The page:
by Jacqueline Woodson
Overall: 4 out of 5 stars
Category: Contemporary Realistic Fiction (Multicultural)
Personal Evaluation: I tried skimming this but it was so short and powerful that I ended up reading most of it. I thought Woodson did an amazing job of portraying Lena, and of course although I was sad with Marie at the end when Lena and her sister disappeared, I knew it was the best outcome for her. I feel like all I’ve been reading lately are books about parents who abandon their children (especially mothers) or pass away, so hopefully some happy home lives await in my next set of books! I loved how insightful Lena was but at times it sounded like an adult talking. I also liked how Marie explored her relationship with Sherry and realized that they were only friends because Marie didn’t have the courage not to be Sherry’s friend, and that realization gave her the freedom to be Lena’s friend.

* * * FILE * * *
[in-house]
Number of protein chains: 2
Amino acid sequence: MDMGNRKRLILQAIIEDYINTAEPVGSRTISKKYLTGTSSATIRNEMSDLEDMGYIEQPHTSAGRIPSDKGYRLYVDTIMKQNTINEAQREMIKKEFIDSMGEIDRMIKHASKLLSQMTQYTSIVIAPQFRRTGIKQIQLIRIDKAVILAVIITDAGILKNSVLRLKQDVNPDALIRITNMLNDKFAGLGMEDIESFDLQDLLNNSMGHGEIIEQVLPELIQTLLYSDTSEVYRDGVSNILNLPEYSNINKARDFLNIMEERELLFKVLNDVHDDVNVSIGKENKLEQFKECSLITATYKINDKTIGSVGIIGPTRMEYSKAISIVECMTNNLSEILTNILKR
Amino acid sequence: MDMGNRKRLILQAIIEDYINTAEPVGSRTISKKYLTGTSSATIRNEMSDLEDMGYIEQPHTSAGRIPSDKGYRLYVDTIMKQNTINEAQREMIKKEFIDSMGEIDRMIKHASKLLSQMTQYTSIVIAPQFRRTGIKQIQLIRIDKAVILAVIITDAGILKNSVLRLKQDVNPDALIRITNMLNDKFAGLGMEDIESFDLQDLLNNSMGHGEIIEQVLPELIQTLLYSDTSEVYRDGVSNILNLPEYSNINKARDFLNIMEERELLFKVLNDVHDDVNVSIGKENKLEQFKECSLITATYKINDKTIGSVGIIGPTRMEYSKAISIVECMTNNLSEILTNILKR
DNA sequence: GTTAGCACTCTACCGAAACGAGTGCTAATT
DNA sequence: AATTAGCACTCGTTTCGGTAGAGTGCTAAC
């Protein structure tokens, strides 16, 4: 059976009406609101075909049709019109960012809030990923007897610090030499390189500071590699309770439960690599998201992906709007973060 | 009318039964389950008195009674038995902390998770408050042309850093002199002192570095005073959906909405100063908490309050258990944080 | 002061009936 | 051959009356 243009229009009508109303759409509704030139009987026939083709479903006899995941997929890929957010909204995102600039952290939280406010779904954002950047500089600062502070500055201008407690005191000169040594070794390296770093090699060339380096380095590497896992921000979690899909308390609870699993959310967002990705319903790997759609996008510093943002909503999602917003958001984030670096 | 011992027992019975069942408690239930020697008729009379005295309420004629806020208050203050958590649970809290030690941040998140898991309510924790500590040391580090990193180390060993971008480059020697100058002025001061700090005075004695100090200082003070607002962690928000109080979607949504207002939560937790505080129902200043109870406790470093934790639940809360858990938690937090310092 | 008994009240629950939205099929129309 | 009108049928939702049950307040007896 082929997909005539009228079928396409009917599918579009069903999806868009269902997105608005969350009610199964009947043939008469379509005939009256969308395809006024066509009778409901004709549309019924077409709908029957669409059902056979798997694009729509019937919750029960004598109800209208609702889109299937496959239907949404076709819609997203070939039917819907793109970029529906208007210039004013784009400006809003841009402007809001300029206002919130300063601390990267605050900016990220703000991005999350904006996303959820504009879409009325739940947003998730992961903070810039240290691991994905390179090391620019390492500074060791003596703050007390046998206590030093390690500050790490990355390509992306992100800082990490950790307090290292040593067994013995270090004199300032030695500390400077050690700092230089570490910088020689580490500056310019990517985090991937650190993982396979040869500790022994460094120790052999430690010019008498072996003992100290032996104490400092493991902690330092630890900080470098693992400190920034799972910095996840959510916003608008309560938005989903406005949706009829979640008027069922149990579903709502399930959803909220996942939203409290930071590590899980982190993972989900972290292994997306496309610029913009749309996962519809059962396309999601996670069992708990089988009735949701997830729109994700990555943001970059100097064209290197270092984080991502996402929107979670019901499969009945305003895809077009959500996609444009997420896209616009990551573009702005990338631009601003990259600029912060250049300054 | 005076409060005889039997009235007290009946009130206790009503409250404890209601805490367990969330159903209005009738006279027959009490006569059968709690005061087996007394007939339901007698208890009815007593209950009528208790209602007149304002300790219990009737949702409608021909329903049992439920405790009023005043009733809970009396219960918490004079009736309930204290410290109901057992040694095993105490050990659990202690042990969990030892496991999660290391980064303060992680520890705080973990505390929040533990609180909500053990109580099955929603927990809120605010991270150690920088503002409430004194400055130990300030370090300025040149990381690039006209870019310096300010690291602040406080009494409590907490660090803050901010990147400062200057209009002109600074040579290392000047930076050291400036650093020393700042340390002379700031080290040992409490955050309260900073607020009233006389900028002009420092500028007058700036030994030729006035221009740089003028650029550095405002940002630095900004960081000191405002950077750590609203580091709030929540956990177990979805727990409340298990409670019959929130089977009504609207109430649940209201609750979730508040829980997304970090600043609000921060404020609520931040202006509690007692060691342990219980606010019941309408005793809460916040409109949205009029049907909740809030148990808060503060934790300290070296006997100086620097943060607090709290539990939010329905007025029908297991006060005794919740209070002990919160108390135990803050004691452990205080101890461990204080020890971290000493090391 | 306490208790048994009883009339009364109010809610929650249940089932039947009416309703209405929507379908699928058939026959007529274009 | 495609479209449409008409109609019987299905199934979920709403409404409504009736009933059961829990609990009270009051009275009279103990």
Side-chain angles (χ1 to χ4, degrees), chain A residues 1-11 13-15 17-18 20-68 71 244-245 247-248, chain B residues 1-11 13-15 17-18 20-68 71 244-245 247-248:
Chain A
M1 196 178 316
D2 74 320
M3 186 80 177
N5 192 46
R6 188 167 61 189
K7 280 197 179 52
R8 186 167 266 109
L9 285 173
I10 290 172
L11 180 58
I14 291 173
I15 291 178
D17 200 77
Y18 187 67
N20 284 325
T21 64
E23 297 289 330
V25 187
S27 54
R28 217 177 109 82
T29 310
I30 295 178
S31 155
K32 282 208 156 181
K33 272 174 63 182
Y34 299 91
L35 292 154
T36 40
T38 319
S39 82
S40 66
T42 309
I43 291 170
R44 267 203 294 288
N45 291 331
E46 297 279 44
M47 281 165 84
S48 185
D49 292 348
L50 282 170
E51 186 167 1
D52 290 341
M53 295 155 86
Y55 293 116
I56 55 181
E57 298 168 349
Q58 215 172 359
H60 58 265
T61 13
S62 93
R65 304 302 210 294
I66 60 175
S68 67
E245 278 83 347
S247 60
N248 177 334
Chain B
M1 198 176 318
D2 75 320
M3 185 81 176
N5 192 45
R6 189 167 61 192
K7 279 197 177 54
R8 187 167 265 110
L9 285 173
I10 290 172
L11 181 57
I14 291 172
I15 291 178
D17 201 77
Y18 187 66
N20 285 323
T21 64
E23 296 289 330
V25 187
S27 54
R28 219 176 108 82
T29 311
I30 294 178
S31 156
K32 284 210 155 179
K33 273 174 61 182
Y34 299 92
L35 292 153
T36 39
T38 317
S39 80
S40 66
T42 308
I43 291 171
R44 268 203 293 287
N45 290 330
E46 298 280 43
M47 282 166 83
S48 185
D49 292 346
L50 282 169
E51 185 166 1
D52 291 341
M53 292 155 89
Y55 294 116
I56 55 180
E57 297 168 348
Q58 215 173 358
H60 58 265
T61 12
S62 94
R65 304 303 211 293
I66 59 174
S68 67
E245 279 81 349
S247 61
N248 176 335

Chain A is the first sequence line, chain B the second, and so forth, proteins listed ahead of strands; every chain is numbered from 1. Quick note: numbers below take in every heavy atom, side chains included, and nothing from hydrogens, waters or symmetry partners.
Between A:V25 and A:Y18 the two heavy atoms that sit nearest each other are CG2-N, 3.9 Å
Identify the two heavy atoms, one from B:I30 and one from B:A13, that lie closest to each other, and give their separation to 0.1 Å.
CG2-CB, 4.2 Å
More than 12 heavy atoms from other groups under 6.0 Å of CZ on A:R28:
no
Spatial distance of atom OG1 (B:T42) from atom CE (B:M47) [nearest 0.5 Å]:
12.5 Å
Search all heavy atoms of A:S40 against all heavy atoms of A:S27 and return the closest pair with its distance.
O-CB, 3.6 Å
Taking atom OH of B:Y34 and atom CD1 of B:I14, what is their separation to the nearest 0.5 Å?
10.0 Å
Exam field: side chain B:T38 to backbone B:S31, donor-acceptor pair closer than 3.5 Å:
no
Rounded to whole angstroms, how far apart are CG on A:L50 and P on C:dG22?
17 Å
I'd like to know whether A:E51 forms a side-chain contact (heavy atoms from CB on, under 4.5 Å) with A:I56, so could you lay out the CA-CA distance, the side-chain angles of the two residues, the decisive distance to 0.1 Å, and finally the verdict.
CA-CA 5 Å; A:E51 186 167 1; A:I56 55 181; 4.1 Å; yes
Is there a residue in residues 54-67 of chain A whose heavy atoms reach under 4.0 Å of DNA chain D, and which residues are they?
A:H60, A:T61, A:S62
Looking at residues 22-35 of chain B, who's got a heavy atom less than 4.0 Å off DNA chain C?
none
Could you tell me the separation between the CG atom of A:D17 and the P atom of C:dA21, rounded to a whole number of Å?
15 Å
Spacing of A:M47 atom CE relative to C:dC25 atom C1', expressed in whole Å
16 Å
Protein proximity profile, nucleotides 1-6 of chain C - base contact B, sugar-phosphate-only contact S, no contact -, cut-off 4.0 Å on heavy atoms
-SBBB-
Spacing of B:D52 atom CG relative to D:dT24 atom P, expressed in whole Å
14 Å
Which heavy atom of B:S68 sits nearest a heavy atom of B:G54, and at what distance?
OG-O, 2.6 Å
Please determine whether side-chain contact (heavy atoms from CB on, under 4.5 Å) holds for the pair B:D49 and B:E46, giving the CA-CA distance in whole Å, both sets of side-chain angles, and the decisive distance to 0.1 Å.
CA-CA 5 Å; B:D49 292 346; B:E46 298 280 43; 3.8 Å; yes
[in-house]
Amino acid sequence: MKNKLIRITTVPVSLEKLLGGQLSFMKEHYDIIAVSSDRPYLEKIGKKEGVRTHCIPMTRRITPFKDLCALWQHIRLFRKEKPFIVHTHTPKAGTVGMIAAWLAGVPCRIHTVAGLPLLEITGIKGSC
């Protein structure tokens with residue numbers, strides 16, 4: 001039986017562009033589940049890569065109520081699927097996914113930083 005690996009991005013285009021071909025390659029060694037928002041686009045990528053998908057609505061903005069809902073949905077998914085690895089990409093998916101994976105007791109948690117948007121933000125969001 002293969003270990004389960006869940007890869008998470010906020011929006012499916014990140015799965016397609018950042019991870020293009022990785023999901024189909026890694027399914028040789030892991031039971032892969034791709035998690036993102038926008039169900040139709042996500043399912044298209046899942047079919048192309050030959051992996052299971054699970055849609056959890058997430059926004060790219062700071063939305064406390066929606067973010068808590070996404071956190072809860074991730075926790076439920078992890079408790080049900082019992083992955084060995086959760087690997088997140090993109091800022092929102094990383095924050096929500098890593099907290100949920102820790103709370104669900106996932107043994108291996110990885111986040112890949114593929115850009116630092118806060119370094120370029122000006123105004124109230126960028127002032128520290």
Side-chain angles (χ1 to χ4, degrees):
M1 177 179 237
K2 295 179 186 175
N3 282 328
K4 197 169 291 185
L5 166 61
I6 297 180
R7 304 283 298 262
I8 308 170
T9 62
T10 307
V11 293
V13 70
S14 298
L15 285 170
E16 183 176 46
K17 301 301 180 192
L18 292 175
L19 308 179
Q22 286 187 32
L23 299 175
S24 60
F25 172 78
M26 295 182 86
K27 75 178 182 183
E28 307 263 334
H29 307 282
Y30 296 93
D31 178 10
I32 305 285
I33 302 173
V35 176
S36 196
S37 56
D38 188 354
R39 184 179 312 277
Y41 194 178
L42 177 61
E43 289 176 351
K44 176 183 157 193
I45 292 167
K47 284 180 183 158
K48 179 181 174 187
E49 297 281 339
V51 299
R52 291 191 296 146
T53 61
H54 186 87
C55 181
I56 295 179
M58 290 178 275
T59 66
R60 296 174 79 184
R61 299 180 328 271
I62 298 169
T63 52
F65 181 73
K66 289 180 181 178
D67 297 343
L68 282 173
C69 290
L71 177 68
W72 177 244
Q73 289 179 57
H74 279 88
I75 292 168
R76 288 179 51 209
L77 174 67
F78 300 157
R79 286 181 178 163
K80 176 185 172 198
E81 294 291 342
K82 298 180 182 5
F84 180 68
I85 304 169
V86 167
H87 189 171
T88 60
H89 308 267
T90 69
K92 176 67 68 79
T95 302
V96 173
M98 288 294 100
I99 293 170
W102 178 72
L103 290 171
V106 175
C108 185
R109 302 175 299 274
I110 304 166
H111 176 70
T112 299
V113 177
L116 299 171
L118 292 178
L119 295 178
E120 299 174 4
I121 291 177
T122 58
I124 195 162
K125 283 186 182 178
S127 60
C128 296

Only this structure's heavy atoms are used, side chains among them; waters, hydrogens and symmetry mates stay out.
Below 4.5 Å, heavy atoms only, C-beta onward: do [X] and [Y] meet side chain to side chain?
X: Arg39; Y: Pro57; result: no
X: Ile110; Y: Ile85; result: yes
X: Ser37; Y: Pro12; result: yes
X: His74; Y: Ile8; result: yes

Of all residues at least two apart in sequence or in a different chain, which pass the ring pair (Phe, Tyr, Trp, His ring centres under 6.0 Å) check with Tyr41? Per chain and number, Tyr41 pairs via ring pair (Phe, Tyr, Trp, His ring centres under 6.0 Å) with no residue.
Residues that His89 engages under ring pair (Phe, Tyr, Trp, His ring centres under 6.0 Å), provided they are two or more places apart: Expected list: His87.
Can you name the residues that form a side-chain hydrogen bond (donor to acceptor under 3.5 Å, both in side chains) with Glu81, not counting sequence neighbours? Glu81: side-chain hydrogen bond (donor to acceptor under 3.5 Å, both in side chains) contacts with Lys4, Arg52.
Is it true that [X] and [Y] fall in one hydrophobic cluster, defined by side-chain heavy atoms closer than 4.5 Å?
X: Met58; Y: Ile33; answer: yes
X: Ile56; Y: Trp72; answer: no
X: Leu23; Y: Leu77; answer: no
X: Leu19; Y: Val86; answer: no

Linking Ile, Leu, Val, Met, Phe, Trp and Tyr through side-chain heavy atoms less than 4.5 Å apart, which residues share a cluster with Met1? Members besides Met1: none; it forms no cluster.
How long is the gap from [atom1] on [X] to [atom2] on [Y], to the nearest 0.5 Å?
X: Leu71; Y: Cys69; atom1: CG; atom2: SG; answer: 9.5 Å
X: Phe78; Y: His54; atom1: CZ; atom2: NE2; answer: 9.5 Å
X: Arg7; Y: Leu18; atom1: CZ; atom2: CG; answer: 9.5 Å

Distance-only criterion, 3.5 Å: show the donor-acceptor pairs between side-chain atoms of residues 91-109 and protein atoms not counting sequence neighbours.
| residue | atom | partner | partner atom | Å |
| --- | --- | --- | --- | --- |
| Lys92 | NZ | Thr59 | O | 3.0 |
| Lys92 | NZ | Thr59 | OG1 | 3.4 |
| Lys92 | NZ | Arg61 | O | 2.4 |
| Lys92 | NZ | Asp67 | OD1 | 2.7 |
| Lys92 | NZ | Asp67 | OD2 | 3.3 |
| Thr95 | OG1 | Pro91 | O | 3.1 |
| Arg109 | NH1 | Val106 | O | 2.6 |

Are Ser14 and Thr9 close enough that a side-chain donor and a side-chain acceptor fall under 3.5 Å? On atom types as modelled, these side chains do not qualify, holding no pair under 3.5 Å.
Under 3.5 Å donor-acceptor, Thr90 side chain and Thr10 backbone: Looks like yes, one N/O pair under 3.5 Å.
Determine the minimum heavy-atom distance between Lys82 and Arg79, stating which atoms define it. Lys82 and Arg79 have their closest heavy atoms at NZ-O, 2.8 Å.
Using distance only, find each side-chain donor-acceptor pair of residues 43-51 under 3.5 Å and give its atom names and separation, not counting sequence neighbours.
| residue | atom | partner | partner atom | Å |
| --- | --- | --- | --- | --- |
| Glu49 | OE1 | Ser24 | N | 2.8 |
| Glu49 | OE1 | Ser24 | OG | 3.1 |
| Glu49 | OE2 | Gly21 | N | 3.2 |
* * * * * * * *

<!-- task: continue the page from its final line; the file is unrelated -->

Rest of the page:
What might interest children: The relationships between friends and between fathers and daughters. I would be careful about who to give this to because child molestation / rape (unclear exactly what happened to Lena) is a subject that requires a lot of maturity, even if (or especially if) the reader is going through something similar.